The money Picasso made from the sales during the Vollard exhibition quickly ran out. His prospects in the aftermath of the show had seemed so favorable that he did not put any cash aside for the future. As his situation deteriorated, a gloomy and uneasy feeling descended on the young man, which was further aggravated by his preoccupation with the suicide of his best friend. Picasso began to paint the inmates of Saint-Lazare, a women's prison in Montmartre run by Dominican nuns. Most of the women were incarcerated for offenses related to prostitution; Magdalenian penitence was a requisite aspect of their daily prison regimen. The inmates wore a special head covering, often (but erroneously) referred to as a "Phrygian" bonnet; those who were diagnosed with syphilis wore a white coif. Picasso could paint these poor women free of charge, and their unfortunate and downtrodden lives seemed to correspond to a growing sense of malaise and morbidity in his own life. Richardson posed the question, "Where else could he find models that exemplified his equivocal view of sex as ecstatic and tender, but also guilt-inducing and bound up with suffering, even death?" (in ibid., p. 219).
By the end of 1901, in a space of less than eight months since Picasso's hopeful arrival in Paris that spring, the reversal of the young artist's fortunes was now complete. He was penniless and could not afford supplies; he grew bored, and his boisterous, carefree comrades had become tiresome and parasitic. He later recalled, "It [the Vollard show] went very well. It pleased a lot of people. It was only later when I set about to do some blue paintings that things went badly. This lasted for years" (quoted in P. Daix and G. Boudaille, op. cit., p. 154). In January 1902 Picasso received some money from home, and used it to return to Barcelona, where he stayed with his parents. He found a studio nearby and resumed working, picking up with the melancholy blue subjects he had been painting in Paris. While he found his subjects among the poor and dispossessed on the streets of Barcelona, the women of Saint-Lazare, those archetypes of female suffering, continued to cast their spell on him. The image of Germaine had already become bound up with these bent and wraithlike figures. Pierre Daix has noted that Germaine was possibly the model for the laundress seen ironing in La repasseuse (Daix and Boudaille, no. VI.27; fig. 4), which Picasso painted toward the end of his stay in Paris and dedicated to his friend Jaime Sabartès.
Picasso painted the present portrait of Germaine in Barcelona; the artist was now deeply into his Blue period. Unlike other depictions of women around this time, with their gauntly stylized features--sunken and bulging eyes, elongated noses, and thin lips--Germaine has been portrayed as a specific individual, an obviously attractive and strong-willed young woman. Richardson has written:
"Picasso's memories of Saint-Lazare manifest themselves in a steamy portrait of Germain Pichot. She is portrayed, eyes aglitter, mouth half open, lips suggestively curled, wearing a headscarf very like the "Phrygian" bonnet, and posed in front of the archway which, time and again, stands in for the Escorial-like galleries of the women's prison. Was this a private joke--a veiled way of accusing Germaine of whorishness or conceivably, of having syphilis? Her past history and future invalidism make his a possibility. Or was Picasso making an ironical observation on the end of her affair with him and the start of another with his old friend Ramon Pichot? Whatever point it was intended to make, this painting exemplifies Picasso's habit--more pronounced in later years--of charging the portraits of the women in his life with hidden messages and manipulative devices: sometimes calculated to warn or punish or tease; sometimes to seduce or entrap." (op. cit., p. 237).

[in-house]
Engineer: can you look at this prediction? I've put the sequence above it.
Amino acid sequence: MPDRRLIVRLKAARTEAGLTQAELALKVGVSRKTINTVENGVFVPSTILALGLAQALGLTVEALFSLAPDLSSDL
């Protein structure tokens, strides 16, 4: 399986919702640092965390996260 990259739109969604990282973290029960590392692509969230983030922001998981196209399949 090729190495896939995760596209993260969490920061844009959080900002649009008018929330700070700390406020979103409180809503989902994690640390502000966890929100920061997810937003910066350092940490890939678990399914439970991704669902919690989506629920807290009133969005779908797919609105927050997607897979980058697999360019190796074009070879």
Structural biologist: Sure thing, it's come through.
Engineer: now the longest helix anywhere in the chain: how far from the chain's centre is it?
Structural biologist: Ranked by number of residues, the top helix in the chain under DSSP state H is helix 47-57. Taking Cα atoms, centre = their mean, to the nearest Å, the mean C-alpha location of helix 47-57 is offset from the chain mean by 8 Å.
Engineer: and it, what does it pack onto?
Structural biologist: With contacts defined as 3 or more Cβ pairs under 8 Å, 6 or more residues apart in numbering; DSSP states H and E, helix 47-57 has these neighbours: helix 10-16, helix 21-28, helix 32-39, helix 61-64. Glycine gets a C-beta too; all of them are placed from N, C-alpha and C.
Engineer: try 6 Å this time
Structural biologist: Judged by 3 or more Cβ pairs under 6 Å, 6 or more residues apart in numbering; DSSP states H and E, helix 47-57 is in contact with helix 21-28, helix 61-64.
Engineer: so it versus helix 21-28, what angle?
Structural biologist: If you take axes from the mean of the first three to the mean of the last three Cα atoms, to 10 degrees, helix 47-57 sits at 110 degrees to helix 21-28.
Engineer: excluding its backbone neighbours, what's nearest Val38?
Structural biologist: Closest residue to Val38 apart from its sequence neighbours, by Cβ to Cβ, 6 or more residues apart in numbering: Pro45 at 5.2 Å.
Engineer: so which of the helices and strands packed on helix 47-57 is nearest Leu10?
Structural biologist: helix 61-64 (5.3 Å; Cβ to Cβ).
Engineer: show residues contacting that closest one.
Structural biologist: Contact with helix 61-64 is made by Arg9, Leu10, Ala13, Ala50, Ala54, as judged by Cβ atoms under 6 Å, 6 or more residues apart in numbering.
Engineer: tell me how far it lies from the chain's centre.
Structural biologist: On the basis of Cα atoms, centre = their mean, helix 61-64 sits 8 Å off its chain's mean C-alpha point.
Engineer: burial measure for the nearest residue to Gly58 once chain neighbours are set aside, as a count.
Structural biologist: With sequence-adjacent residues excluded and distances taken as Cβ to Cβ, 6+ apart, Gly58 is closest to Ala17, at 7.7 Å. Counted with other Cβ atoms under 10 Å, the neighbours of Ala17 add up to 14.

Josep Palau i Fabre has pointed out a related drawing, whose present whereabouts are unknown, which Picasso executed in early 1902 and was subsequently published as an illustration for a poem by Pere Prat Jabal-Li in the March-April issue of the Barcelona review Auba (fig. 5). Picasso turned again to the figure and visage of Germaine during his stay in Barcelona, which lasted until he decamped to Paris for a third time in October. Germaine was, according to Daix, the inspiration for the two women of Saint-Lazare seen in L'entrevue (Les deux soeurs; Zervos, vol. 1, no, 163; fig. 6), the largest and most important of the paintings that Picasso made in Barcelona during 1902. It was not until 1903, however, following Picasso's return to Barcelona from his short but disastrous third stay in Paris, that Germaine was given her ultimate and most intimately revealing portrayal. She is the woman seen leaning, nude and repentant, on Casagemas in La vie (Zervos, vol.1, no. 179; fig. 7), Picasso's finest and most ambitious painting up to that time, which was probably painted in May 1903. In a series of drawings done in preparation for the painting (Zervos, vol. 6, no. 534; vol. 22, no. 44; and a third in the Museu Picasso, Barcelona), Picasso depicted himself in Germaine's embrace, in the position that the figure of Casegemas ultimately assumed in the completed painting.
Even if tragic memories of the triangular relationship between Picasso, Germaine, and Casagemas were largely exorcised in La vie, Germaine continued to be a presence in Picasso's life. Fernande Olivier, who became Picasso's first long-term mistress in 1904, appears to have been jealous of Germaine's earlier role in Picasso's love-life, and played down her importance in her memoirs. Ramon Pichot died in 1925, and not long afterwards Germaine became an invalid, very likely the consequence of syphilis. Picasso gave Germaine money until her death in 1948, and on one occasion took Françoise Gilot, his mistress in the years following the Second World War, to visit her in Montmartre. Picasso remarked to Françoise:
That woman's name is Germaine Pichot. She is old and toothless and poor and unfortunate now. But when she was young she was very pretty and made a painter friend of mine suffer so much he committed suicide She was a young laundress when I first came to Paris. The first people we looked up, this friend of mine and I, were this woman and friends of hers with whom she was living. We had been given their names by friends in Spain and they used to have us come eat with them from time to time. She turned a lot of heads. (quoted in F. Gilot, with C. Lake, Life with Picasso, New York, 1964, p. 82).
(fig. 1) Photograph of Germaine Pichot. BARCODE 24771443
(fig. 2) Illustrated letter to Miquel Utrillo (detail), June 1901. Senyora Barbey Collection, Barcelona. BARCODE 24771436
(fig. 3) Pablo Picasso, Germaine, Paris, 1901. Sold, Christie's, New York, 6 November 2001, lot 46. BARCODE 24771429
(fig. 4) Pablo Picasso, La repasseuse, Paris, 1901. The Metropolitan Museum of Art, New York. BARCODE 24771412
(fig. 5) Drawing by Picasso published in the Barcelona review Auba, March-April 1902. BARCODE 24771405
(fig. 6) Pablo Picasso, L'entrevue (Les deux soeurs), Barcelona, 1902. The Hermitage, St. Petersburg. BARCODE 24771399
(fig. 7) Pablo Picasso, La vie, Barcelona, 1903. The Cleveland Museum of Art. BARCODE 24771382